Is anxiety counseling right for me?
Is anxiety counseling right for me?
If you are diagnosed with an anxiety disorder, or if you are experiencing symptoms of anxiety, then you may have asked yourself is anxiety counseling right for me?.
It is important to note that experiencing the signs and symptoms of anxiety from time-to-time is completely normal. Many people feel anxious, nervous, worried, or even unsettled at different points in their lives. These are common reactions to new events or difficult times in life. For example, many people report feeling anxious before giving a talk in front of a crowd, when participating in a new activity, or when sitting in traffic on their way to work. However, for those suffering from an anxiety disorder that requires treatment to feel better, these feelings of anxiety do not subside even once the temporary stressor is removed. In other words, those suffering from an anxiety disorder do not feel better even after the public speaking is complete, the activity is no longer new, or the traffic has cleared. Those who benefit most from anxiety counseling experience fear, worry, and uneasiness that impacts their daily life and activities.
So, how do you know if anxiety counseling is the right form of treatment for you? Since anxiety comes in a variety of forms, including general anxiety, social anxiety, phobia, and panic attacks, you may wish to speak with your doctor if you answer yes to one or more of the following questions. Your doctor will then be able to work with you to identify your symptoms, provide more information on potential courses of treatment, and help you get started with the one that works best for you.
You may wish to contact your doctor if you answer yes to one or more of the following questions:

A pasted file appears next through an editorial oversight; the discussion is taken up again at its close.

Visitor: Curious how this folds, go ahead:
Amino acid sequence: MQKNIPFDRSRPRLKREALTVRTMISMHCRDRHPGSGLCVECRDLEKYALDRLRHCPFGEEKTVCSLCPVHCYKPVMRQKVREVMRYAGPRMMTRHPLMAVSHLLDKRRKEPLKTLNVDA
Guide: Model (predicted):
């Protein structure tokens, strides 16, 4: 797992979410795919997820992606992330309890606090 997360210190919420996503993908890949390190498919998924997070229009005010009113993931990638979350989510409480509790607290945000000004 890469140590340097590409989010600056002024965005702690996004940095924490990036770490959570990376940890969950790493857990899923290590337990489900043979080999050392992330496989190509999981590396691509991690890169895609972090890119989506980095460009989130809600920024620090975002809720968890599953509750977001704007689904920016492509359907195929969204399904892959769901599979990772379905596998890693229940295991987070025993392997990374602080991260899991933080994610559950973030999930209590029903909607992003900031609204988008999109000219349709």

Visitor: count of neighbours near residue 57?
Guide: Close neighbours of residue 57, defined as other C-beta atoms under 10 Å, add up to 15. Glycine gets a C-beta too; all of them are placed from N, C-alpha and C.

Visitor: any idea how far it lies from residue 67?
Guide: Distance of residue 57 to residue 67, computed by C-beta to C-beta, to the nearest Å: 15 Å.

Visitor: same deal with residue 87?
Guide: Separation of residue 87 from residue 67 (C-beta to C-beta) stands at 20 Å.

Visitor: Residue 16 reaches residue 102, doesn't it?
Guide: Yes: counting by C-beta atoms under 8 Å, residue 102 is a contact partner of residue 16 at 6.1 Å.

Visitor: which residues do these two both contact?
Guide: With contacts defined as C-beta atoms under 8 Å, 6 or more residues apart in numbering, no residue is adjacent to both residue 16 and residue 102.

- Do you worry excessively and/or on a regular basis?
As discussed earlier in this article, many people experience thoughts of worry at various points in their lives. However, those who are diagnosed with an anxiety disorder are not often able to alleviate their anxious feelings on their own. This is where counseling can be a really useful form of treatment to help a person identify and manage the factors that contribute to their symptoms.
- Do you experience feelings of restlessness? Is it hard to get comfortable or sit still?
Many signs of anxiety manifest as physical symptoms in the body. This means that many people suffering from anxiety often feel the effects of that anxiety in their muscles, energy levels, or ability to complete daily tasks. You may want to speak with your doctor if you experience tight muscles, restlessness, a pounding heart, shortness of breath, an inability to sit still, or irritability.
- Are you often feeling fatigued?
Does it feel as though your memory has been impaired and/or your ability to concentrate has decreased? Do you tend to feel drowsy or weak throughout the day? Is it difficult for you to engage in daily activities? If you are nodding “yes” to these questions, then you may wish to speak with your doctor about whether or not you are experiencing anxiety and whether or not anxiety counseling could be a good form of treatment for you.
- Has night time become a source of distress for you? Do you have trouble falling asleep, staying asleep, or waking up?
Do you find yourself up all night worrying about something in particular or even about everything all at once? Do you feel as though your mind is wired regardless of the time of day? If so, you may be showing the signs of anxiety and may benefit from counseling.
If you found yourself nodding along “yes” to one or more of these questions, or if any of your symptoms are impacting your ability to effectively handle day-to-day tasks, then it may be time to speak with your doctor. Anxiety counseling is an effective form of anxiety treatment that might be able to help you identify, manage, and/or alleviate your symptoms. Professionals are trained to diagnose the signs of anxiety and provide proper course of treatment, including effective ways to manage the factors that contribute to your symptoms. Such courses of treatments include cognitive behavioral therapy, group therapy, or family therapy. It is important to work with your doctor to find the treatment plan that works best for you.
- Anxiety Disorders. (March 2016). In National Institute of Mental Health. Retrieved from https://www.nimh.nih.gov/health/topics/anxiety-disorders/index.shtml.
- Anxiety Disorders. In National Alliance on Mental Illness. Retrieved from https://www.nami.org/Learn-More/Mental-Health-Conditions/Anxiety-Disorders.
- Anxiety Fatigue and How it Affects Modern Living. In Calm Clinic. Retrieved from http://www.calmclinic.com/anxiety-symptoms/fatigue.